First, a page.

Traffic in and out of Boston is going to look a little different if Amazon HQ2 comes to town. Boston Harbor could host the seaplane shuttle to New York and other future destinations to help alleviate the added burden.
Credit: Boston Herald
From the Boston Herald:
Boston and Somerville were identified together by Amazon last week, though they bid separately on hosting HQ2, which could cost $5 billion and bring 50,000 new jobs. The bids identify numerous perks and benefits for the company, with Boston promising seaplane service if it is selected.
“Establishing seaplane operations in the Boston Harbor will provide scheduled service between Boston and New York City, providing additional means of transportation between these two major metropolitan areas (in addition to bus, train, and air),” the bid reads. “There has been considerable collaboration to date with government agencies on the feasibility and implementation of this service.”
We too can play at that game! That sentiment is being echoed by landlord’s and is resulting in upping the ante game within Class A towers and Class B midrises. Landlords across the spectrum are looking at where they can add amenities in what has traditionally been poor-performing or unleaseable space.
Companies in every industry, from autos to retail, have been scrambling to adjust to millennials’ tastes and expectations, and commercial real estate is no exception…big landlords are spending millions to inject Silicon Valley playfulness into aging towers in big cities. They’re in an arms race against new construction and co-working businesses such as WeWork Cos. “The way towers were built in the 1980s, they were a monument to the corporation,” says Lisa Picard, chief executive officer and president of Equity Office, a Blackstone unit that owns office buildings. “Now, if it feels corporate, that’s the kiss of death.”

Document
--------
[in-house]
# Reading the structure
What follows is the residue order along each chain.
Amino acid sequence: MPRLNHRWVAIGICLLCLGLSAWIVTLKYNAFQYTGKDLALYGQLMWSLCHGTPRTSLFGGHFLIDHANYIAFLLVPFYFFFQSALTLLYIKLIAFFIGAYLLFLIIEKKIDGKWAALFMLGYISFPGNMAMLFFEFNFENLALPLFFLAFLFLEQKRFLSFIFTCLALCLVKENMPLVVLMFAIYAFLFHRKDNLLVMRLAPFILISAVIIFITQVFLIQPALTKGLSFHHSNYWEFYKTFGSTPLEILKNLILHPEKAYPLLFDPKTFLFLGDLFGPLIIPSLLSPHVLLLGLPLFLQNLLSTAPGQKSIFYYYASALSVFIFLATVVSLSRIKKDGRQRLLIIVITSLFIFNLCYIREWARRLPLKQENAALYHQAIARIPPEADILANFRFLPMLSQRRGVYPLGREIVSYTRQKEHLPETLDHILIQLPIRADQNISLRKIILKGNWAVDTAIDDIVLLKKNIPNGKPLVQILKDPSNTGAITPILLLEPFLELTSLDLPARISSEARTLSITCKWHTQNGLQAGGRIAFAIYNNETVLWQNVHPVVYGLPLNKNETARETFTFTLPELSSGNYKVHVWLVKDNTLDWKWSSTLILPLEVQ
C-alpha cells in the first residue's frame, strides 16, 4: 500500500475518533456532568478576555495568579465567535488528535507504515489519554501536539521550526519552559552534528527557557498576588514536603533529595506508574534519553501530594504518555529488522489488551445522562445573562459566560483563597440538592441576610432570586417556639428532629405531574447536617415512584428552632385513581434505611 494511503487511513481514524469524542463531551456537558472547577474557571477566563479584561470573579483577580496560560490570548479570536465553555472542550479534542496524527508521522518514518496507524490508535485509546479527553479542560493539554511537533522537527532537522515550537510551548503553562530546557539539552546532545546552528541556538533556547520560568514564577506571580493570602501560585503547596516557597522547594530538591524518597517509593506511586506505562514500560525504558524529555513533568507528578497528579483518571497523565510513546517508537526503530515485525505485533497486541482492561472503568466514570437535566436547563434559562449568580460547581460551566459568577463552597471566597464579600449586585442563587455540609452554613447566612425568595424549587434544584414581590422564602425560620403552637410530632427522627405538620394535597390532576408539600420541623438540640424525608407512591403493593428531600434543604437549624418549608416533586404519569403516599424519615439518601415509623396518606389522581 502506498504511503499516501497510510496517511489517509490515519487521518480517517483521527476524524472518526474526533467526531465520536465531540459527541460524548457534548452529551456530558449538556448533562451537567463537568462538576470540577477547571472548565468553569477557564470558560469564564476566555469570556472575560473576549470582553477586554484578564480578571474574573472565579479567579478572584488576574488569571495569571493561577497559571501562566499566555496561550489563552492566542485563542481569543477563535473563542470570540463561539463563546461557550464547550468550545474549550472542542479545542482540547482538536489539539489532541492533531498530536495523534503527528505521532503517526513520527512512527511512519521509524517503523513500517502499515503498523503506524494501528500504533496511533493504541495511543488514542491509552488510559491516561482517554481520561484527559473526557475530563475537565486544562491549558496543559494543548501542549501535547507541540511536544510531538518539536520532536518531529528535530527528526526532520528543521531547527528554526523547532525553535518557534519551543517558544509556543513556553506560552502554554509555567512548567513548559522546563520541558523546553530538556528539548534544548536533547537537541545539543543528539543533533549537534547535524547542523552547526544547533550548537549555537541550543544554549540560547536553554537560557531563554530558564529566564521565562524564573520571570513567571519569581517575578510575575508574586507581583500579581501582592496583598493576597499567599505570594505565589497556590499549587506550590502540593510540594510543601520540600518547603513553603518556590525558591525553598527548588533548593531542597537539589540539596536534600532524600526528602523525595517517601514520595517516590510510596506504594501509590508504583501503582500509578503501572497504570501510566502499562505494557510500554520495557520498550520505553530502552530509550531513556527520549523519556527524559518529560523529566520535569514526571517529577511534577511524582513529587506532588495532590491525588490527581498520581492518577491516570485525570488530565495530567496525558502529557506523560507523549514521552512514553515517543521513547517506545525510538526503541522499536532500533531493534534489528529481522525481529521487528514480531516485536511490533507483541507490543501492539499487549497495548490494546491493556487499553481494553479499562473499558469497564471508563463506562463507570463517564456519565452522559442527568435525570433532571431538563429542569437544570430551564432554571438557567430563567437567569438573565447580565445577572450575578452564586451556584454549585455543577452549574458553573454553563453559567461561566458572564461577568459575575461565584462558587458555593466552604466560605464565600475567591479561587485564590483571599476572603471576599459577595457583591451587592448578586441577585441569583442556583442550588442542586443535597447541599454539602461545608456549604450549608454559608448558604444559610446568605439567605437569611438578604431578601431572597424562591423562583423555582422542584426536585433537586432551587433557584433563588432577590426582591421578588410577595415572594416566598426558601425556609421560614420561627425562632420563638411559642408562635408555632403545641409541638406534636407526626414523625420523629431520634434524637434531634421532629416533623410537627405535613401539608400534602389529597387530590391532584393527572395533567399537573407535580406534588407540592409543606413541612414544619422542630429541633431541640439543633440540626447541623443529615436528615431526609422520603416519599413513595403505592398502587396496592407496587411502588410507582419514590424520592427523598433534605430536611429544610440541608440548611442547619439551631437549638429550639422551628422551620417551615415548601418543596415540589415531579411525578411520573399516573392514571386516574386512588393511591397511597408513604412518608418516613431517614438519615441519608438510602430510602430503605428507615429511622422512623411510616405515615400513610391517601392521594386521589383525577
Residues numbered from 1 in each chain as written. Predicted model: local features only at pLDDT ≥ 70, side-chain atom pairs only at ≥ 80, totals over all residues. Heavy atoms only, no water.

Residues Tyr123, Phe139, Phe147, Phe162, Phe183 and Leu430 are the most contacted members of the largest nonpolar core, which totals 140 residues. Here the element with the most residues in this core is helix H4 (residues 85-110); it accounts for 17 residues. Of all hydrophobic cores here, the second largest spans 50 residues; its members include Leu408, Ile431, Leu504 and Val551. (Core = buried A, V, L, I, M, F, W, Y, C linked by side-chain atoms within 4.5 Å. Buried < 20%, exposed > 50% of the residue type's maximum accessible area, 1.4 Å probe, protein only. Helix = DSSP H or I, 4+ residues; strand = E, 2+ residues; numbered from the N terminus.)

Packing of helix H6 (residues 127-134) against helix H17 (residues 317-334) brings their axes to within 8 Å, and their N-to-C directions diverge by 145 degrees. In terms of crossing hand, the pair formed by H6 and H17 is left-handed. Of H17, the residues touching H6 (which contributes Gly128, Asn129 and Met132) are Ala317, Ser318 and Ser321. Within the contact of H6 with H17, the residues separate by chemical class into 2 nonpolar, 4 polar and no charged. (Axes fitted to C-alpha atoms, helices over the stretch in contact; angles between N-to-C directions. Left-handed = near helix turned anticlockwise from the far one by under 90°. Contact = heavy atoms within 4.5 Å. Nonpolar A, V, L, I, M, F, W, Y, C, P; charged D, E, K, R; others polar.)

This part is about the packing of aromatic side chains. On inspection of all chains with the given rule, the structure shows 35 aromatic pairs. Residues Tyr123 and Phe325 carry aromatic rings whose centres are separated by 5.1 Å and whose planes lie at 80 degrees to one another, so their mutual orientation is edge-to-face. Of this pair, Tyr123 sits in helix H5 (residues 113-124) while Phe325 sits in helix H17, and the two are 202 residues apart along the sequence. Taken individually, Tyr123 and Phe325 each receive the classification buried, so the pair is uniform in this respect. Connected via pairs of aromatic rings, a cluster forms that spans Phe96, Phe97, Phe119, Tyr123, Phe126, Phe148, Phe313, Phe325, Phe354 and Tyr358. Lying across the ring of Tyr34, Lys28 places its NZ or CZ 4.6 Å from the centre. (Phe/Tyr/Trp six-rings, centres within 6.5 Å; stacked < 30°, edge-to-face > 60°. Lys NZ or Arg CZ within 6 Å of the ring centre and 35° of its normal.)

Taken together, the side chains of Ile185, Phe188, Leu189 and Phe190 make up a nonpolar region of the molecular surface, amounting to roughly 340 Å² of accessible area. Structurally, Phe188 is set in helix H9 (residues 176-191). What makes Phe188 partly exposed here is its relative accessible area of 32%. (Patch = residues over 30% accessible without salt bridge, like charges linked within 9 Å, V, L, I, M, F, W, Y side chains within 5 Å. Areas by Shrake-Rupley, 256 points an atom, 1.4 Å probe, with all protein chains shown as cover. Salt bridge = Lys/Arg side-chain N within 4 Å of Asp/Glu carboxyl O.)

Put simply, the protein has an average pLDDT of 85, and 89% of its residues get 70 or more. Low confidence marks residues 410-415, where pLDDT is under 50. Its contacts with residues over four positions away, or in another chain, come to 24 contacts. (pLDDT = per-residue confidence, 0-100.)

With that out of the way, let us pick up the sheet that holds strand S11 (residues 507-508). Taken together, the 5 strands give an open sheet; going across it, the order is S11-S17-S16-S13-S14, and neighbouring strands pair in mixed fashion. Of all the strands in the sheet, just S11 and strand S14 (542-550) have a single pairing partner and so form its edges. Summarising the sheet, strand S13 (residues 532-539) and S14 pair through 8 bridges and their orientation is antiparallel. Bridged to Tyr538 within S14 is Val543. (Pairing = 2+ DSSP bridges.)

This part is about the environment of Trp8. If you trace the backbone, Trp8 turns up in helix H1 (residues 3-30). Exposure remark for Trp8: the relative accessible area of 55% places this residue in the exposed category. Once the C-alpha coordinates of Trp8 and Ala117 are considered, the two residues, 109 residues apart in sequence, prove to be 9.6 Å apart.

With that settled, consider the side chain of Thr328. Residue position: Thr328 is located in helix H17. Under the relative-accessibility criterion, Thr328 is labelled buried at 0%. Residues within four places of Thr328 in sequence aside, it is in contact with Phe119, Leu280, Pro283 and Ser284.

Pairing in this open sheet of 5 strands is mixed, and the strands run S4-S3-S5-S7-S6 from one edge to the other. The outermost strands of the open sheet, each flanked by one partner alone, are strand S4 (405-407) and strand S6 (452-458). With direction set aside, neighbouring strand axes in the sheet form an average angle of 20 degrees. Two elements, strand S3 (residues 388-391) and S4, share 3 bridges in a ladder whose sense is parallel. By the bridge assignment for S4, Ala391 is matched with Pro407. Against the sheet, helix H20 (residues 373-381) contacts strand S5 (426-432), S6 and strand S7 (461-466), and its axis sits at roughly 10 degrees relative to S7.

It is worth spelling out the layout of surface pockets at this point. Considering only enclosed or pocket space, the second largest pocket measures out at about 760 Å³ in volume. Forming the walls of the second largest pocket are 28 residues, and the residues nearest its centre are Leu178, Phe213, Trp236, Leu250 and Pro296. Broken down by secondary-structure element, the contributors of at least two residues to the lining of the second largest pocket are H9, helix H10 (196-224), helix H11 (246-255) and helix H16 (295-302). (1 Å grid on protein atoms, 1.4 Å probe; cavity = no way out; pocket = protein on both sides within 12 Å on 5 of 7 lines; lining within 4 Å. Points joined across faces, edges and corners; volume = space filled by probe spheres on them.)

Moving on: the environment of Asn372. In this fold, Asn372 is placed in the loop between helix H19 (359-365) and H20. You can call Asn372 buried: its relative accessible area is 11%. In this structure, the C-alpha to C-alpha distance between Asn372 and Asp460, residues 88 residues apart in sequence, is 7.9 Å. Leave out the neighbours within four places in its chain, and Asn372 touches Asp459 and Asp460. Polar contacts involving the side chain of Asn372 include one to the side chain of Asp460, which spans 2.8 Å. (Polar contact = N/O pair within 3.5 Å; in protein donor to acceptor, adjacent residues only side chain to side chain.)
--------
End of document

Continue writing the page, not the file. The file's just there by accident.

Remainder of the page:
Credit: Boston Business Journal
What does the shorter Winthrop Square tower now look like?
According to the Boston Business Journal, the refined Winthrop Square tower will include the following:
- 500 residential units;
- 750,000 square feet of office space;
- 21,000 square feet of publicly accessible meeting space;
- 21,000 square feet of restaurant/retail space;
- 115,000 square feet of affordable housing that could be built in Chinatown in collaboration with the
- Asian Community Development Corp.;
- Two exterior green roof spaces; and
- Capacity for 550 vehicles in five levels of underground parking.
The update follows an ongoing discussion around the impact of the shadows cast onto the Boston Common given the tower’s height, orientation, and location.
Class A landlords are continuing to update and upgrade their assets to address the evolving needs of today’s tenant. The 402-foot, 41-story Class A tower at One Post Office Square was built in 1981 and is 832,000 rentable square feet with a typical floor plate of 18,221 square feet.
Credit: Banker and Tradesman
A recent Banker and Tradesman article speaks to the proposed transformation, noting the office “tower in Boston’s Financial District will get a new glass facade, a roof deck and terraces and an illuminated rooftop glass “lantern”…On the lower levels, a three-story glass pavilion will add 52,100 square feet of retail space and an 8,800-square-foot restaurant…An 18-story addition replacing the existing garage on Oliver Street would [also] contain automated parking and additional office space.”
Click on the link for additional information on the One Post Office Square renovation on B&T’s website.